In the world of journalism, there are numerous topics that accommodate critiques by presumed experts on the given subject.
Examples: movies, plays, books, TV programs and restaurants. And, of course, there’s plenty of “wine reviewing” going on.
It’s pretty difficult to get a wine review “wrong” because virtually every palate is different, and wine is perceived differently by different people. Ultimately, a wine review typically is just one person’s opinion.
But when it comes to writing about other wine topics, a certain degree of expertise is mandatory. That thought came to mind recently while reading a story in a major American newspaper about how to order wine in a restaurant:
“Here’s the first and most important thing to remember: The person waiting on you does not care that you are clueless about wine…In fact, the server would rather help you through the process than wait on a wine geek who just wants to drop names and esoteric terms.”
I realize the, ahem, expert was trying to ease the mind of the inexperienced wine drinker, and that’s fine. But in doing so, to claim that wine servers prefer inexperienced drinkers to experienced ones just didn’t seem logical.
So I decided to ask three people–one sommelier, one restaurant wine buyer, and one server at a restaurant that does not have a sommelier–whether they agreed with this writer’s observation.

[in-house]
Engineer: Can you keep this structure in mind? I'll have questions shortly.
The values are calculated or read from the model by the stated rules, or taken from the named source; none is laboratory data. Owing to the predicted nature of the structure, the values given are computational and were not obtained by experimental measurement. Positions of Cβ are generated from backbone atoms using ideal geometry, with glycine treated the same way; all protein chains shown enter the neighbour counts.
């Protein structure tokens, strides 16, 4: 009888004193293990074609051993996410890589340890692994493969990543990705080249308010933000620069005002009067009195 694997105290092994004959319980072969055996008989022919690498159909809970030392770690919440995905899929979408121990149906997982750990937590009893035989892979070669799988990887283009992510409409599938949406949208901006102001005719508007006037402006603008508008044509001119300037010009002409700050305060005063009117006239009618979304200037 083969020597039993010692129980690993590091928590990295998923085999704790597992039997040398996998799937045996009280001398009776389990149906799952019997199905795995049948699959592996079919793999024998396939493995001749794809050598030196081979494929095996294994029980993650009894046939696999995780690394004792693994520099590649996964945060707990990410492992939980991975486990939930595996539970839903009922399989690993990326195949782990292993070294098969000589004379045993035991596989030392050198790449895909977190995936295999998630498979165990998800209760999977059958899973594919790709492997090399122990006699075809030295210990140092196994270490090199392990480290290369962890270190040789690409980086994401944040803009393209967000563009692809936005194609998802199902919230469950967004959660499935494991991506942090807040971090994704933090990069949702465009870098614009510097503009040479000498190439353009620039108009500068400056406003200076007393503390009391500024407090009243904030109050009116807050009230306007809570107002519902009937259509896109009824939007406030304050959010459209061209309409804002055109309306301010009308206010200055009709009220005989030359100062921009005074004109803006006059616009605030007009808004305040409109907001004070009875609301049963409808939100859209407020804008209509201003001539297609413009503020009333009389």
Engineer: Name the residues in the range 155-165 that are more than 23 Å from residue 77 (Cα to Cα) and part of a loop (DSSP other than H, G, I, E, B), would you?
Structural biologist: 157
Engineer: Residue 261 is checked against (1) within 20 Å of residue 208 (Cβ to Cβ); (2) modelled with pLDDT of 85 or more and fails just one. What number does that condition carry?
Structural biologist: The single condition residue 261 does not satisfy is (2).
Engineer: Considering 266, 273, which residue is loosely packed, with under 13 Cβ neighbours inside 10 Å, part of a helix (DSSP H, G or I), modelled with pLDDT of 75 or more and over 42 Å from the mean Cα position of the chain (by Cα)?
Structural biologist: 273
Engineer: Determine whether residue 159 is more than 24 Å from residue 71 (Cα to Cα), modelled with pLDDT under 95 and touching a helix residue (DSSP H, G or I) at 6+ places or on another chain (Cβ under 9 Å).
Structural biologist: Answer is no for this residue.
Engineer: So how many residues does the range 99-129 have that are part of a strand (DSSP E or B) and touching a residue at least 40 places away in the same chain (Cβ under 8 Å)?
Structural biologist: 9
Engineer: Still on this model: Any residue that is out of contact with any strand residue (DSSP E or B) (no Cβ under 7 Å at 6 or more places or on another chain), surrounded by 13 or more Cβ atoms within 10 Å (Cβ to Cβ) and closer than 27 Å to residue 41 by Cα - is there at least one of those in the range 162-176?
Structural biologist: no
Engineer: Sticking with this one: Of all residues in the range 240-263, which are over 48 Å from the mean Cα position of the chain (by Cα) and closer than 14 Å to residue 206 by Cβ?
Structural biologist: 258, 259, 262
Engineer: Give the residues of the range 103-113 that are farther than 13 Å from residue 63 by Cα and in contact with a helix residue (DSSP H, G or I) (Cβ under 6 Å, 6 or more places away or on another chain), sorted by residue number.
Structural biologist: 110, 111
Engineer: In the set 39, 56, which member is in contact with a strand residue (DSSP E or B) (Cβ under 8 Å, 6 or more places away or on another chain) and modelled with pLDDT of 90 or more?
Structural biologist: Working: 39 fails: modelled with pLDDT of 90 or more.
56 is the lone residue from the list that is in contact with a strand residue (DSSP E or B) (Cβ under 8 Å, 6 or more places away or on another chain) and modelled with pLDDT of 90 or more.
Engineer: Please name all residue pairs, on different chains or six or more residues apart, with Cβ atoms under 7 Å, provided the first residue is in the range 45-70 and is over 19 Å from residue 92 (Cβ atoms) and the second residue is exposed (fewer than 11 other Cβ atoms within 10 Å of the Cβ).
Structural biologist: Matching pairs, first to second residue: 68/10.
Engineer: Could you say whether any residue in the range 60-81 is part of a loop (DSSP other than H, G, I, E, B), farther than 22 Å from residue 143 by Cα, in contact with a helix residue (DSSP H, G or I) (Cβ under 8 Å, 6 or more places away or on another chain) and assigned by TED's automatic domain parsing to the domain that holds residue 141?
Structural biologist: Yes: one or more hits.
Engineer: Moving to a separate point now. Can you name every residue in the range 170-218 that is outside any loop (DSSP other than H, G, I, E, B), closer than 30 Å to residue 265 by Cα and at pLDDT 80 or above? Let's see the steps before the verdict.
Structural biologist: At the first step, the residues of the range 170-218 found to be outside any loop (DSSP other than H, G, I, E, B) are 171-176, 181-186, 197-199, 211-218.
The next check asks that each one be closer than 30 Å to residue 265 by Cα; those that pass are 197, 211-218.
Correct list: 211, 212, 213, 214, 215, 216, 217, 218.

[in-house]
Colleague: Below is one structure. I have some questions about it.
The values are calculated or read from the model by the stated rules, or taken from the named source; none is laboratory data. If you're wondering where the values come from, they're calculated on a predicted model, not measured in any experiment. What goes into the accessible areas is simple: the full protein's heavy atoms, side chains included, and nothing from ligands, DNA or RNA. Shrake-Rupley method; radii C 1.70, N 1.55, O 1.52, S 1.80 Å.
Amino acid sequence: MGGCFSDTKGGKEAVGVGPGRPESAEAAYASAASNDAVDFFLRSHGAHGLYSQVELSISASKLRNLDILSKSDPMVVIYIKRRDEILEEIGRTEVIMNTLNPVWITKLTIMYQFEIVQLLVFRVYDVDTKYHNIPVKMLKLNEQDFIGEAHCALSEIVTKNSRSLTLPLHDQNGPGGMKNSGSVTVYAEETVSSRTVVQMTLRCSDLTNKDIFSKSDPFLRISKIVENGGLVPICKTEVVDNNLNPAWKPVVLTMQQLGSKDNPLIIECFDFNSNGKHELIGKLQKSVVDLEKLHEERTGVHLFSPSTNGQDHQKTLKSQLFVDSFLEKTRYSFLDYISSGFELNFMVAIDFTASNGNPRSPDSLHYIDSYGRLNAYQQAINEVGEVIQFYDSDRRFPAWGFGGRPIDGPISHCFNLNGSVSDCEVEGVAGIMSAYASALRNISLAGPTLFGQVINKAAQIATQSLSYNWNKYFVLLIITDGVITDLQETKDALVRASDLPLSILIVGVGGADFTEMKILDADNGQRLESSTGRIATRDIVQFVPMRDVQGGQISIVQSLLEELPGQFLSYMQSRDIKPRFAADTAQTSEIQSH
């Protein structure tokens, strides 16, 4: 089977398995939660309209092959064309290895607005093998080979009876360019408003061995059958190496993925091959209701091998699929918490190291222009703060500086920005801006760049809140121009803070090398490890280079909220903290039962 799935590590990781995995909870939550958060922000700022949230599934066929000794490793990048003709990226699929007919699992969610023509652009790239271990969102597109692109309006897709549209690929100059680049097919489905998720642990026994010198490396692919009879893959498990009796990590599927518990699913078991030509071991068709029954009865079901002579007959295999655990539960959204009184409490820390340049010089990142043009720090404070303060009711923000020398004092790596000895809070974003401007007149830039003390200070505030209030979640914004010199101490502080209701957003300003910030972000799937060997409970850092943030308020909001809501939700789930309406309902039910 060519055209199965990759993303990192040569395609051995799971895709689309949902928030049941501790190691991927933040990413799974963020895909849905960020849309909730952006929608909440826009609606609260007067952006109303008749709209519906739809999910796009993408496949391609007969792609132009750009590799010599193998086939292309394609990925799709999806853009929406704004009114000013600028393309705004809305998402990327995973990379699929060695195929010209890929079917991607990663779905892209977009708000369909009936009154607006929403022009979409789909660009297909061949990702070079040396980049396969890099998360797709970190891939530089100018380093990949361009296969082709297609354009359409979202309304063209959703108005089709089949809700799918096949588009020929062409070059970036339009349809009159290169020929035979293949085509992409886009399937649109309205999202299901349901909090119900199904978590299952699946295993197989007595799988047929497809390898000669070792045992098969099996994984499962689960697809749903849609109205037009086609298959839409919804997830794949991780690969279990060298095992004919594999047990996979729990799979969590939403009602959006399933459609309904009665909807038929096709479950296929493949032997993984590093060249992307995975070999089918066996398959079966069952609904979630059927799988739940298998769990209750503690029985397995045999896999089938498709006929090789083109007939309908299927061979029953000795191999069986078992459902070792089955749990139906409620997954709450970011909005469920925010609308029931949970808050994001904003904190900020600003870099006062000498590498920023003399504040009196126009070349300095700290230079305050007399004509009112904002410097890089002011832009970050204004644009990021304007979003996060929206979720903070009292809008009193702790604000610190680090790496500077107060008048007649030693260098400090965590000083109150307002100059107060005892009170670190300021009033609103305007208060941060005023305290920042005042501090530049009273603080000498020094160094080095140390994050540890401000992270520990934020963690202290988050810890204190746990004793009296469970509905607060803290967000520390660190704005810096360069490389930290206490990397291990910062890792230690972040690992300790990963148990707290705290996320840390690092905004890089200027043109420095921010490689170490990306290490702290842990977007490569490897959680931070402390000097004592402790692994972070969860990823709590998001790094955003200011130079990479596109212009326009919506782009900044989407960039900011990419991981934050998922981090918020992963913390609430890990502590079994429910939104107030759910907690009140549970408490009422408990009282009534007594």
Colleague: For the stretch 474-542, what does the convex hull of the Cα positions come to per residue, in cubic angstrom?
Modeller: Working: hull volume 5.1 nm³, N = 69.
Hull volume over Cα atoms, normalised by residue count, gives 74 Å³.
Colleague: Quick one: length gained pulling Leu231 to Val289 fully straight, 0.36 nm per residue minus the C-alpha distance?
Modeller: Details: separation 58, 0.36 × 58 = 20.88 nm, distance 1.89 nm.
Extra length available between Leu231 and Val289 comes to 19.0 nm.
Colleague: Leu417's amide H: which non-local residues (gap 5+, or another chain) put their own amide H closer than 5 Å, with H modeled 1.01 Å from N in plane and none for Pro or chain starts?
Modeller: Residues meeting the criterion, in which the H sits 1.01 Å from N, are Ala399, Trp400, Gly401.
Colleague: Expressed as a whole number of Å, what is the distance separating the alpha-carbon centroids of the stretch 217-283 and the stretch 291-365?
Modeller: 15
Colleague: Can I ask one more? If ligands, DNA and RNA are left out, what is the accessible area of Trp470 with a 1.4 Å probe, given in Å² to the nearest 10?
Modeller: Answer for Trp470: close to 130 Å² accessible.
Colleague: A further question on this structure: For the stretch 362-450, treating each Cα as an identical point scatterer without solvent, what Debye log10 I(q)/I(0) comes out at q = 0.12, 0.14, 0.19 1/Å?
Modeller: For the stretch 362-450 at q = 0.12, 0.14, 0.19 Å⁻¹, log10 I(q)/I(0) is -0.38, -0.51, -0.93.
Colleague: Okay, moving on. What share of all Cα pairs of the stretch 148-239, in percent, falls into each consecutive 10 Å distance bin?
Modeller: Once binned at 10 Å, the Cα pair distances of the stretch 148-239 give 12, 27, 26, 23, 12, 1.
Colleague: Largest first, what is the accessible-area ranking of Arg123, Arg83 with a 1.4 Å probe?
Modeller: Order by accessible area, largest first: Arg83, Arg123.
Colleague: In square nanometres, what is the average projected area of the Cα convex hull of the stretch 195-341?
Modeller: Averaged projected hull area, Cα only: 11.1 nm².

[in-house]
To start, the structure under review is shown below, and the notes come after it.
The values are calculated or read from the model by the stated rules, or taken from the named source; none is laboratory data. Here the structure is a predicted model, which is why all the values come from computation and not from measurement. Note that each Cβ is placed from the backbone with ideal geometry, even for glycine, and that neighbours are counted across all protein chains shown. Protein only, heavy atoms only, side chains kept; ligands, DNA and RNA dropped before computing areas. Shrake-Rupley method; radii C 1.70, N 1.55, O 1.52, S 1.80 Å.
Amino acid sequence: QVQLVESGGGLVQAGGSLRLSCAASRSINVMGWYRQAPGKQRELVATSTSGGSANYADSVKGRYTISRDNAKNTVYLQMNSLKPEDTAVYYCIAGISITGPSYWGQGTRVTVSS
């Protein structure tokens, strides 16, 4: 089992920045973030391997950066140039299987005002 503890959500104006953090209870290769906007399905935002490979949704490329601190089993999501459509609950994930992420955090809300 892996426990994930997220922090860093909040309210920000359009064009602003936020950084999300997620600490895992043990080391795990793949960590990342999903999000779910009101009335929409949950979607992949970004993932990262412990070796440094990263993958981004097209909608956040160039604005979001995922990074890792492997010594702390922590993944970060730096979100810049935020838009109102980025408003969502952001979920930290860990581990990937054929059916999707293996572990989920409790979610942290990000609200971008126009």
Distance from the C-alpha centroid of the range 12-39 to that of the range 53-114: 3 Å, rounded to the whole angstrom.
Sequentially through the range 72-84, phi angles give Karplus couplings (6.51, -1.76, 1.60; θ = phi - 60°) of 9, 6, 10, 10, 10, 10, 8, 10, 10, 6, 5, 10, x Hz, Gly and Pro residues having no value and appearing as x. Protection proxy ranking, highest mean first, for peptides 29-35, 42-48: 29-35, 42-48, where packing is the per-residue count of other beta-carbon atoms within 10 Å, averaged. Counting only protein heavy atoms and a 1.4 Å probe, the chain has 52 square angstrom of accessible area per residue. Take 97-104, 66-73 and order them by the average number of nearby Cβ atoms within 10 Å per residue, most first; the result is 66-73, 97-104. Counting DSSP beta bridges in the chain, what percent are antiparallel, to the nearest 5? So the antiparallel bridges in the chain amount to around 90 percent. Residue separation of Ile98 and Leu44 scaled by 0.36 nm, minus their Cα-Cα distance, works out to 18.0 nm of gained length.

Let’s start with the server, who works at a well known, moderately upscale restaurant chain that has a modest sized wine list.
“I never thought about it,” she said. “My job is to make every customer feel comfortable; it doesn’t matter to me whether they know much about wine or not.”
Next, the wine buyer at an East Coast restaurant that’s known for its extensive wine list.
“That makes no sense at all,” he said. “If I have a customer who wants to talk about malolactic fermentation or to compare vintages, why not?”
Finally, the observation of the sommelier at one of California wine country’s top dining destinations.
“From a purely selfish perspective, I’d have to say that guy is nuts,” he told me. “I’m going to guide an inexperienced wine drinker to an inexpensive bottle of wine that will pair well with his food. A more experienced wine drinker is much more likely to order a very expensive bottle–and that almost always means a much bigger tip.”